Tuesday, June 23, 2009
Between the pair of us my brother and I decided to put the family dog on the roof of the house. It happened on of those luminous childhood days of July or August when a humble wooden ladder, propped idle against the house for a roof repair or a lick of paint, could become a handy tool for mischief and adventure.
Up and up we climbed to the flat roof above the kitchen.
The dog was entertained enormously by the unfamiliar corners and strange heights: he sniffled about from edge to edge, the furious flurry of his tail nearly enough to propel him off the roof and over the fields like a little black helicopter.
My sibling and I surveyed the landscape and scoured the immediate area for the lost objects of years gone by. It was pleasant up so high: we could see the tip-tops of trees and the ragged patchwork of farmland, and it seemed we had wandered hundreds of miles from home.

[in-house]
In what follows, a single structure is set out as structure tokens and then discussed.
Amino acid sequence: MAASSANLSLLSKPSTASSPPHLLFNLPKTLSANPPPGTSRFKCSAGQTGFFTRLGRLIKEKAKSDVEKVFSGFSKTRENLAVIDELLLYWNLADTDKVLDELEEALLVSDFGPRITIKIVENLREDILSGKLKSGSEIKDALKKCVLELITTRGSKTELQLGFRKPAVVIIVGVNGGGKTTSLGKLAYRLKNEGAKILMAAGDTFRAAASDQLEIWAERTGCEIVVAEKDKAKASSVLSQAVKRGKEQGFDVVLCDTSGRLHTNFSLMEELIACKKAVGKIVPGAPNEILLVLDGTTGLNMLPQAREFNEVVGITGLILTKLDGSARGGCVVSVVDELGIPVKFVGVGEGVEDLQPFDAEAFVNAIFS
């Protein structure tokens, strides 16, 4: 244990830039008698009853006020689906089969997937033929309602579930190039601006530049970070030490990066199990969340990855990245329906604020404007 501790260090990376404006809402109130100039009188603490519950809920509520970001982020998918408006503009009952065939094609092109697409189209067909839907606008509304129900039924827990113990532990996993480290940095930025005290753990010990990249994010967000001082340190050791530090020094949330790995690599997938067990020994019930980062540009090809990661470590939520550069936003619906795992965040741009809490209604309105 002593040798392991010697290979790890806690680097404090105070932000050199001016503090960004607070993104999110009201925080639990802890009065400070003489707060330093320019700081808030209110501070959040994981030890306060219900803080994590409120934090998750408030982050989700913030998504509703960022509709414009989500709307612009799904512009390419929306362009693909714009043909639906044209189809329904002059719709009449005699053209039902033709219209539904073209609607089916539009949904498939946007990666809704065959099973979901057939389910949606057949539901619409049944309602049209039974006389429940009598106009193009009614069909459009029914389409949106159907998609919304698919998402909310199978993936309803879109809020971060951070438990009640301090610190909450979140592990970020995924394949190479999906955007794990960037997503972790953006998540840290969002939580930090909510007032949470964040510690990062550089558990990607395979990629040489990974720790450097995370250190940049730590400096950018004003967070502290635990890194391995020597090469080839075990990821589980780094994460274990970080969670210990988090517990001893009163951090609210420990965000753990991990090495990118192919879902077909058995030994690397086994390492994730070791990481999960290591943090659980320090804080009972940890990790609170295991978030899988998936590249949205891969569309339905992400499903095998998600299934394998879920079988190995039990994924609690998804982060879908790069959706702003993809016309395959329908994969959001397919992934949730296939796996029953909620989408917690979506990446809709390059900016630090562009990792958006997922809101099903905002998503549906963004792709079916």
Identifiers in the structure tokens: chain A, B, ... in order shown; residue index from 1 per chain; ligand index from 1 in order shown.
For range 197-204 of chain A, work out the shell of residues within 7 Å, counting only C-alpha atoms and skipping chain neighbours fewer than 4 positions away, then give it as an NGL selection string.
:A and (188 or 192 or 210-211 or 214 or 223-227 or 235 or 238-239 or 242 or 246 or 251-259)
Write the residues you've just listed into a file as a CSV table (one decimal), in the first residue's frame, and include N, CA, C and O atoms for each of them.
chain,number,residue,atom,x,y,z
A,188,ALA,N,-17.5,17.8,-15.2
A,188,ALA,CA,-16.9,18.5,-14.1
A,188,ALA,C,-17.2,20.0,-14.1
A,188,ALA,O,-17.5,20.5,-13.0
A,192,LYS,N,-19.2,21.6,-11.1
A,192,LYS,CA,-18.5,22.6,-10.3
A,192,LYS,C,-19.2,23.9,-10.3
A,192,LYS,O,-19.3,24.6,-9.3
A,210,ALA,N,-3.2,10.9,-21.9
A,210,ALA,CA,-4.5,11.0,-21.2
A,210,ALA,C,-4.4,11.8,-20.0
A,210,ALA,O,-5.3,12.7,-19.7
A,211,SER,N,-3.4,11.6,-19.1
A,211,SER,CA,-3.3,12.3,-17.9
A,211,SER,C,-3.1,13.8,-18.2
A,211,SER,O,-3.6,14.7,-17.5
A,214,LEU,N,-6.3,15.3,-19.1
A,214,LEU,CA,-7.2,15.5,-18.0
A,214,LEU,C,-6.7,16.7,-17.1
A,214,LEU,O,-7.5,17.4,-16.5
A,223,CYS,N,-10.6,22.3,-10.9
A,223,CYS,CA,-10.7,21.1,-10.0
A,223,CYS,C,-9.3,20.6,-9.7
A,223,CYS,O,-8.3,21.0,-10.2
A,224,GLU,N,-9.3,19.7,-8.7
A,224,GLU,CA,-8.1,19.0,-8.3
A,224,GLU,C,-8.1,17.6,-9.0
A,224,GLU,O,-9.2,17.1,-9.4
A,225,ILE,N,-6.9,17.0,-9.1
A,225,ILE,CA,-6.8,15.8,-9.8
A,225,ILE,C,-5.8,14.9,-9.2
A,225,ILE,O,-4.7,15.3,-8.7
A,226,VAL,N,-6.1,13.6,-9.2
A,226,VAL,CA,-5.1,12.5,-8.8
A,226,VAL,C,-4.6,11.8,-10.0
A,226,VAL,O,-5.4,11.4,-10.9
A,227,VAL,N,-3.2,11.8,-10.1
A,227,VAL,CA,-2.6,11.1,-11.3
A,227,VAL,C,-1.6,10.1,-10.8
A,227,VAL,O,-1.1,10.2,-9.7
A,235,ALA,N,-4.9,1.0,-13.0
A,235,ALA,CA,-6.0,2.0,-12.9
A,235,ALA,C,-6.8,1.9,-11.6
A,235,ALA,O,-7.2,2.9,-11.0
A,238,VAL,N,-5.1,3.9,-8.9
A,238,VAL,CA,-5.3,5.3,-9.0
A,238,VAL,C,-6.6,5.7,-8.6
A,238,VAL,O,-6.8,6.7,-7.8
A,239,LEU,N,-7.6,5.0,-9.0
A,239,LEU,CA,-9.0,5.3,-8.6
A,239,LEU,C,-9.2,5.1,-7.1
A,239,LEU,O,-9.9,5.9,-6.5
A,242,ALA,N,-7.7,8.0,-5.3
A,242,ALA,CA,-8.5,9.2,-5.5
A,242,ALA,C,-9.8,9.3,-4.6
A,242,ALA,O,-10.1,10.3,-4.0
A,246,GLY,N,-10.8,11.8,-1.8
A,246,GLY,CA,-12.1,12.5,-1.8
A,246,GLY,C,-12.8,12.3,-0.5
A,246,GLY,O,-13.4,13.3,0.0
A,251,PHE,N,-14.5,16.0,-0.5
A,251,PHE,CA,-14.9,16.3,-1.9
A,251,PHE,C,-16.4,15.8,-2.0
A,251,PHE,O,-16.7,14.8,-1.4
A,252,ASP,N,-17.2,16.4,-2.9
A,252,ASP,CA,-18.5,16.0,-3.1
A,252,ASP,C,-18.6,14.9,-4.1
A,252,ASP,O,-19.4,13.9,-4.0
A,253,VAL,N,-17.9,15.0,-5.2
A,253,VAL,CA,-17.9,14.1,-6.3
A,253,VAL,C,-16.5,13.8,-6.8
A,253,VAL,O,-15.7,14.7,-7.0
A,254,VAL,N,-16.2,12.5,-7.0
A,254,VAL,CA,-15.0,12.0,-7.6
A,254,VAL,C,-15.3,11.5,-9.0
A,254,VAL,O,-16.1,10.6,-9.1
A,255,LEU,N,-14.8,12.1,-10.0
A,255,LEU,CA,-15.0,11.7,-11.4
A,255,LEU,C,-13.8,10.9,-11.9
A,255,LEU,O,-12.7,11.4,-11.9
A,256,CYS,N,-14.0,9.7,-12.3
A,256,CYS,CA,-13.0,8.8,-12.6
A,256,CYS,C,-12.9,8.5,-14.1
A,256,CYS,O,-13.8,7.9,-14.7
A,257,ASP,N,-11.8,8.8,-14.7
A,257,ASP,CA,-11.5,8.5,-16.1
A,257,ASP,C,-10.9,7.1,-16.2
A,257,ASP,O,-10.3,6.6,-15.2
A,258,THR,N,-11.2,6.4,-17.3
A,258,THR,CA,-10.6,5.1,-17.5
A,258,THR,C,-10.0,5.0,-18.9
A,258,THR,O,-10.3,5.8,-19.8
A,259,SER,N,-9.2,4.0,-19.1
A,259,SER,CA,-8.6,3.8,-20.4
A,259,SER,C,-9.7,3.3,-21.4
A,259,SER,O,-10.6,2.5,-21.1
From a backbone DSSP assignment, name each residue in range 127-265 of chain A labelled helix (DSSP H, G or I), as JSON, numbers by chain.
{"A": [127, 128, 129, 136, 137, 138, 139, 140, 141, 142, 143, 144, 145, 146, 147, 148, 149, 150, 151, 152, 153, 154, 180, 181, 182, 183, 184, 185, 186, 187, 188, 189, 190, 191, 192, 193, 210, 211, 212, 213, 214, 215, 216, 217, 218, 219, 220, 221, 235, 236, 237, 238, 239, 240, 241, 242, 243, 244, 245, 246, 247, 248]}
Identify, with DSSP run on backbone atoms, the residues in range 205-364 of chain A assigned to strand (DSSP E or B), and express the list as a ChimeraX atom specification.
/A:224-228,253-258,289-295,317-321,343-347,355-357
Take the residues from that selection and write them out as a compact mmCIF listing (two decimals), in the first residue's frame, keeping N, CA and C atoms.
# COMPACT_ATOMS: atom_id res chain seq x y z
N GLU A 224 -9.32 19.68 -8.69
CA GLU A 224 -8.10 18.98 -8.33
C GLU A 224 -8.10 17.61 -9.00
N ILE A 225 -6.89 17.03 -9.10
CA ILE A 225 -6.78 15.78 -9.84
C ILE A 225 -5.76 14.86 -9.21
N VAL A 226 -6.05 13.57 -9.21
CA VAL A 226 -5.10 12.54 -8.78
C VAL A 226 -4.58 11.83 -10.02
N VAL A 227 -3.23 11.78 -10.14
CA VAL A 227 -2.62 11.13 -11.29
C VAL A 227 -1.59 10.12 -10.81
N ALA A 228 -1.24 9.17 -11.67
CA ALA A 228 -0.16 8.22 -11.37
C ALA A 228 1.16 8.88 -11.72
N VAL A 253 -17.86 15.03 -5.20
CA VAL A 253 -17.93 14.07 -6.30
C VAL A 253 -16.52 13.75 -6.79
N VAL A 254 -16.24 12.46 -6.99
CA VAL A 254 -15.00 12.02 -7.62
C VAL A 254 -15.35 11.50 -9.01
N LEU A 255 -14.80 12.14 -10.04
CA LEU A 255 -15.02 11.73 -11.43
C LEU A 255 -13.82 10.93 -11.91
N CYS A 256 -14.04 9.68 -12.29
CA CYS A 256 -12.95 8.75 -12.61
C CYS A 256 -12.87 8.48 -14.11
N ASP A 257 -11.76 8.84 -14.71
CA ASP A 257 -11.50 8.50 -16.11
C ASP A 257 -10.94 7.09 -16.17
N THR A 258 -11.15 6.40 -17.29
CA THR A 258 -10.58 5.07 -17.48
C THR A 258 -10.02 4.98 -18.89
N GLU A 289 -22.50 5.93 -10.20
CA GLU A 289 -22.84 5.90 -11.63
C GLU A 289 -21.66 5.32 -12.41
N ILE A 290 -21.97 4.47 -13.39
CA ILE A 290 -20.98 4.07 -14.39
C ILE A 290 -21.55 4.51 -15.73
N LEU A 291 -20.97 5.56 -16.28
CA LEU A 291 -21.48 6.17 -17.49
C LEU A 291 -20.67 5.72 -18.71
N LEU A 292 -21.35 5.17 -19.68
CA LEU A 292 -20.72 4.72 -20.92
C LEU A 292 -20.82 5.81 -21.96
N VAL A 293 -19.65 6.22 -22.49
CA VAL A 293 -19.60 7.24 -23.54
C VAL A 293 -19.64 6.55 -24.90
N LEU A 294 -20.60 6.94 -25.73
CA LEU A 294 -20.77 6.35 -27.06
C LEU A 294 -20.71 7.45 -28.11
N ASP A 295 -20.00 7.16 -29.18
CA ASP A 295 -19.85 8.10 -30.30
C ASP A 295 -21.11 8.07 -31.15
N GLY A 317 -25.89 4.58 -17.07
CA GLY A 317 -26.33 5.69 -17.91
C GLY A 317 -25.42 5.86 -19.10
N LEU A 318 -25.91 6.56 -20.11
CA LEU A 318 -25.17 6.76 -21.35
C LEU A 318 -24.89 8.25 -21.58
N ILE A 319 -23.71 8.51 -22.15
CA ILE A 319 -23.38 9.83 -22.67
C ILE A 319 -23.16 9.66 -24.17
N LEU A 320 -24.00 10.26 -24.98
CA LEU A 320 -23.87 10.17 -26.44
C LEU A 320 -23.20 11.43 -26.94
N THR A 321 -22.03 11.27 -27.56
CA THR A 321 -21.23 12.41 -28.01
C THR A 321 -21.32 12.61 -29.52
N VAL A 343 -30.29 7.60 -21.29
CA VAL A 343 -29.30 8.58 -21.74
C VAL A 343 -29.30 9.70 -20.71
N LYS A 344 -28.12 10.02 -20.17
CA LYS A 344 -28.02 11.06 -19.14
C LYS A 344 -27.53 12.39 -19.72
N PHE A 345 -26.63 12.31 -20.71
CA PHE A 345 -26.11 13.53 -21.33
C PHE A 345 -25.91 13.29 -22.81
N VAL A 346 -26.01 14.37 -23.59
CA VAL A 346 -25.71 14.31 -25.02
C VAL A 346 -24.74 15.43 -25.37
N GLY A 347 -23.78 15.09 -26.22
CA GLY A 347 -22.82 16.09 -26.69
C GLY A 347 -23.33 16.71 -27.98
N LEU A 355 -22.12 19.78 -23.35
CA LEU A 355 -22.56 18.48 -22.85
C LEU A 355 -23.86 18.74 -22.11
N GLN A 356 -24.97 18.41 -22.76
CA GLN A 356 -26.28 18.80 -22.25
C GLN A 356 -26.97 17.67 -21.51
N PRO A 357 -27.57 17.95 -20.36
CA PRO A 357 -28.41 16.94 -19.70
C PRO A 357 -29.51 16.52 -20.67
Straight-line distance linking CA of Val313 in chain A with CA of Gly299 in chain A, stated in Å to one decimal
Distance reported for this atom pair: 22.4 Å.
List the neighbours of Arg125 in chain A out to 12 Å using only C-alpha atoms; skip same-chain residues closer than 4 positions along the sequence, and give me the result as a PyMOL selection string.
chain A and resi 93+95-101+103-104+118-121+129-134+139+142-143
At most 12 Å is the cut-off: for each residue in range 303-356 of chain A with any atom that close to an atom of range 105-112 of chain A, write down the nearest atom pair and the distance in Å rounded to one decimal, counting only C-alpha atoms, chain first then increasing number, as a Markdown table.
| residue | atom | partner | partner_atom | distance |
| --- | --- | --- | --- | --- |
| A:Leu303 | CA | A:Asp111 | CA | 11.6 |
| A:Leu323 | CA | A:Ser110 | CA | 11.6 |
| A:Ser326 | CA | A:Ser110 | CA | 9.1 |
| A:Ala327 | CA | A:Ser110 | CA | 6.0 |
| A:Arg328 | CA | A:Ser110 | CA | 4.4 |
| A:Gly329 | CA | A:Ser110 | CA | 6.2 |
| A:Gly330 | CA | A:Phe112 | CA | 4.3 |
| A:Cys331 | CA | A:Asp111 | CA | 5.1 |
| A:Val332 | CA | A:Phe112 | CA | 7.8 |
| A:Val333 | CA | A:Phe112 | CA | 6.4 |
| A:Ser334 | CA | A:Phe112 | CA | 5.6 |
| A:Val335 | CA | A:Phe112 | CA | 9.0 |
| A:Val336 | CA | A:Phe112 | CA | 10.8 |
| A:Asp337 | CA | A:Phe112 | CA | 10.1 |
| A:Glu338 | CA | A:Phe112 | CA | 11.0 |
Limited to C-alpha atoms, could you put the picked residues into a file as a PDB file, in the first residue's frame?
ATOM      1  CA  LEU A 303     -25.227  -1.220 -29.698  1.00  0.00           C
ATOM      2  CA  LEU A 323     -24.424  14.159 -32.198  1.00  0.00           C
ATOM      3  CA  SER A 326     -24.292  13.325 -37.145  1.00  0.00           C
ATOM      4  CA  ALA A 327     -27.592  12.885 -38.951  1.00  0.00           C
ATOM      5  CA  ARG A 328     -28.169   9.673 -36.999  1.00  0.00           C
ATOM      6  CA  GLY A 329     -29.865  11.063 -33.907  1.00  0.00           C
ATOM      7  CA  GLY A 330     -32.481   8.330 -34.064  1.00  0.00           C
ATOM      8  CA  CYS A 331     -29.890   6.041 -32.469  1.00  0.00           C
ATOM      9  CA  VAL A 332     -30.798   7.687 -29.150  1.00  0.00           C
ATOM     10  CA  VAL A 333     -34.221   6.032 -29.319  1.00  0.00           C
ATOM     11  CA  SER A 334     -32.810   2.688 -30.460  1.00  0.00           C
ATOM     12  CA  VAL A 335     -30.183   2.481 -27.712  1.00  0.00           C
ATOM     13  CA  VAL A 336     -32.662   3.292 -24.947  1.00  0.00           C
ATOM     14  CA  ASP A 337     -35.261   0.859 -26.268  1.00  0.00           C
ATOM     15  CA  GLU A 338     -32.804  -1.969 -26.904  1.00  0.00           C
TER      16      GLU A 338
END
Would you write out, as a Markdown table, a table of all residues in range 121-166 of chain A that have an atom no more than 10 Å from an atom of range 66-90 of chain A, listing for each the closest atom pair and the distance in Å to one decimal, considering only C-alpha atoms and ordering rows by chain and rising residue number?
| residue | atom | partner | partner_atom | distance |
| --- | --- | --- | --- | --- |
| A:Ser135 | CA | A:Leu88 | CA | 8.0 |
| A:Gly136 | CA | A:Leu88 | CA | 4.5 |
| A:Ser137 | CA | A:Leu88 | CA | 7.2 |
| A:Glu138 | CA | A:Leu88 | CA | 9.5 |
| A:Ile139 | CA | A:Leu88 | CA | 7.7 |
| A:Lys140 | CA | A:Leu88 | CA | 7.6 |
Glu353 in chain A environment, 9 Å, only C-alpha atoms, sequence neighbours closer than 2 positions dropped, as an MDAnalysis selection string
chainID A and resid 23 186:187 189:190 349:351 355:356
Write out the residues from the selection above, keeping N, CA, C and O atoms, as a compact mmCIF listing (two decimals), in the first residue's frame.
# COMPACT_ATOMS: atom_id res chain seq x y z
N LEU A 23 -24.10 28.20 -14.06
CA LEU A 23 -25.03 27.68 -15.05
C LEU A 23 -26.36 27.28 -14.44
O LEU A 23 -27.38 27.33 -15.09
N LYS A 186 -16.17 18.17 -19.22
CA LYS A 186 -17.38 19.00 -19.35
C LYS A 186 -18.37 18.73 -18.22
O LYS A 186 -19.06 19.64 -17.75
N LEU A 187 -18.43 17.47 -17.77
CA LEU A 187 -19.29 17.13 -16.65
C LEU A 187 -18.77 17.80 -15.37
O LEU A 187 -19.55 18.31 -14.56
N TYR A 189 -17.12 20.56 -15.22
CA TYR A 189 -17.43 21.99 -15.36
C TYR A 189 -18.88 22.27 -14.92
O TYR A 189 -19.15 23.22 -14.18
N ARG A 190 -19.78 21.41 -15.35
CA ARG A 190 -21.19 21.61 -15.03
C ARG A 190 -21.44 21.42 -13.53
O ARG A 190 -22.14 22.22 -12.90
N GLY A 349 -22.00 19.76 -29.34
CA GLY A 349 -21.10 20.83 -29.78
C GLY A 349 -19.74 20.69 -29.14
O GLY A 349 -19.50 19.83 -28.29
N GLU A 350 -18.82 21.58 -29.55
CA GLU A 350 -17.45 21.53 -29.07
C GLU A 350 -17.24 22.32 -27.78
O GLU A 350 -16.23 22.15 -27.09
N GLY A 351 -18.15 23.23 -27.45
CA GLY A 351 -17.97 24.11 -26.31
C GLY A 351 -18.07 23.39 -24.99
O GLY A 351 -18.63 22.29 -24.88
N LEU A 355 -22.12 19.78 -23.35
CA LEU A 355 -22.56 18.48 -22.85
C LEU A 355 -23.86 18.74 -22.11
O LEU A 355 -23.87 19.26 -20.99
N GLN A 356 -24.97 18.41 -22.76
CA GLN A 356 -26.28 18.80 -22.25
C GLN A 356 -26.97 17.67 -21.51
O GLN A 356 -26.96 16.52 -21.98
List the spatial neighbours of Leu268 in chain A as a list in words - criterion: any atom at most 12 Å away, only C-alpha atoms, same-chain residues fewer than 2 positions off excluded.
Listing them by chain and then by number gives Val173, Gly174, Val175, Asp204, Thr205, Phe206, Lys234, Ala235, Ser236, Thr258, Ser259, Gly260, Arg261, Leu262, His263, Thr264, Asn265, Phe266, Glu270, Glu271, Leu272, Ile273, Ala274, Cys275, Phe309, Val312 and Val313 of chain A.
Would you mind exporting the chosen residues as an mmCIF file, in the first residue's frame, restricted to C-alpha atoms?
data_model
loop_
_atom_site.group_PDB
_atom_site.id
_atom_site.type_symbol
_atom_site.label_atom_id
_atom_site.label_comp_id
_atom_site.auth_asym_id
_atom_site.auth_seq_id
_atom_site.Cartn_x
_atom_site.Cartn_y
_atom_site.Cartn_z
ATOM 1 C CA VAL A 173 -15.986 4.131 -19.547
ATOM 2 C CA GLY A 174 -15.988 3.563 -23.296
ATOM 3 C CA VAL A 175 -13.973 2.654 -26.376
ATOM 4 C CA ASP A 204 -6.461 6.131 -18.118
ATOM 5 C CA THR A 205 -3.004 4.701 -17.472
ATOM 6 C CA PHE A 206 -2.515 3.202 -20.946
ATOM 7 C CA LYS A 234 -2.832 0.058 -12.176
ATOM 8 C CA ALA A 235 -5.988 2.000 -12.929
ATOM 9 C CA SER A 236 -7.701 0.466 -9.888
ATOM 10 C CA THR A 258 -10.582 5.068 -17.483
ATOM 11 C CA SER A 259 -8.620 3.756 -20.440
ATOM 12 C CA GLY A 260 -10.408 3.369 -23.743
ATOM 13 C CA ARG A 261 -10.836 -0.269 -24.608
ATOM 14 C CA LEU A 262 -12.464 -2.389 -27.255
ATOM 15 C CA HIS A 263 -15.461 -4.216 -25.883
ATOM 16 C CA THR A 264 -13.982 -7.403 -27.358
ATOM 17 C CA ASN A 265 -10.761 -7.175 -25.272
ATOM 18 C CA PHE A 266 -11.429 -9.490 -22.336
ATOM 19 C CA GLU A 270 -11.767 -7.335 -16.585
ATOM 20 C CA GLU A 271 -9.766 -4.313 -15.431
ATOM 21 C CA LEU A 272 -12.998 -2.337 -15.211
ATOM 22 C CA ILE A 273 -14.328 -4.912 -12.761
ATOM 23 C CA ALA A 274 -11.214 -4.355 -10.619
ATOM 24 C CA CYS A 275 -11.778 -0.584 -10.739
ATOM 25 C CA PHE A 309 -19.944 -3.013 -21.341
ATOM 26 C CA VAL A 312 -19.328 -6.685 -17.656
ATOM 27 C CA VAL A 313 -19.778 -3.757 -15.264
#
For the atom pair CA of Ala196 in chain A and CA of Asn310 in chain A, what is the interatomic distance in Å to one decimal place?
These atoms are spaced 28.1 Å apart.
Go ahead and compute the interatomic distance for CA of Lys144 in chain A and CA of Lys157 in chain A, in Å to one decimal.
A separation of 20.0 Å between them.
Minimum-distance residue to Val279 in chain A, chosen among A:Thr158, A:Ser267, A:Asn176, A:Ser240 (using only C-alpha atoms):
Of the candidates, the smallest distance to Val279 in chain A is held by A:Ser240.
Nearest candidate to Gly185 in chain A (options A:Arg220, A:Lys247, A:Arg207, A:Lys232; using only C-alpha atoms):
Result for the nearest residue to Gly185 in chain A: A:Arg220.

After a spell of exploration the little dog wished to return to the life of an ordinary, earth-bound canine. He inched his way to the lip of the roof, ascertained that he was at our mercy, and threw unmistakable glances of impatience in our direction.
"You'll have to wait," I said to him, distracted by the exhilarating notion of camping permanently on the rooftop.
The dog gave my brother and I one further stare that we could not decipher, and then he leaped off the roof. He sprang and landed on a garden of spongy grass. His knees were stained green for a week but he was wholly untroubled. There were no green knees for us upon descent; but tremendous was our astonishment upon seeing the flight of a brave little dog.
Posted by Phyllis Hunt McGowan at 6:33 PM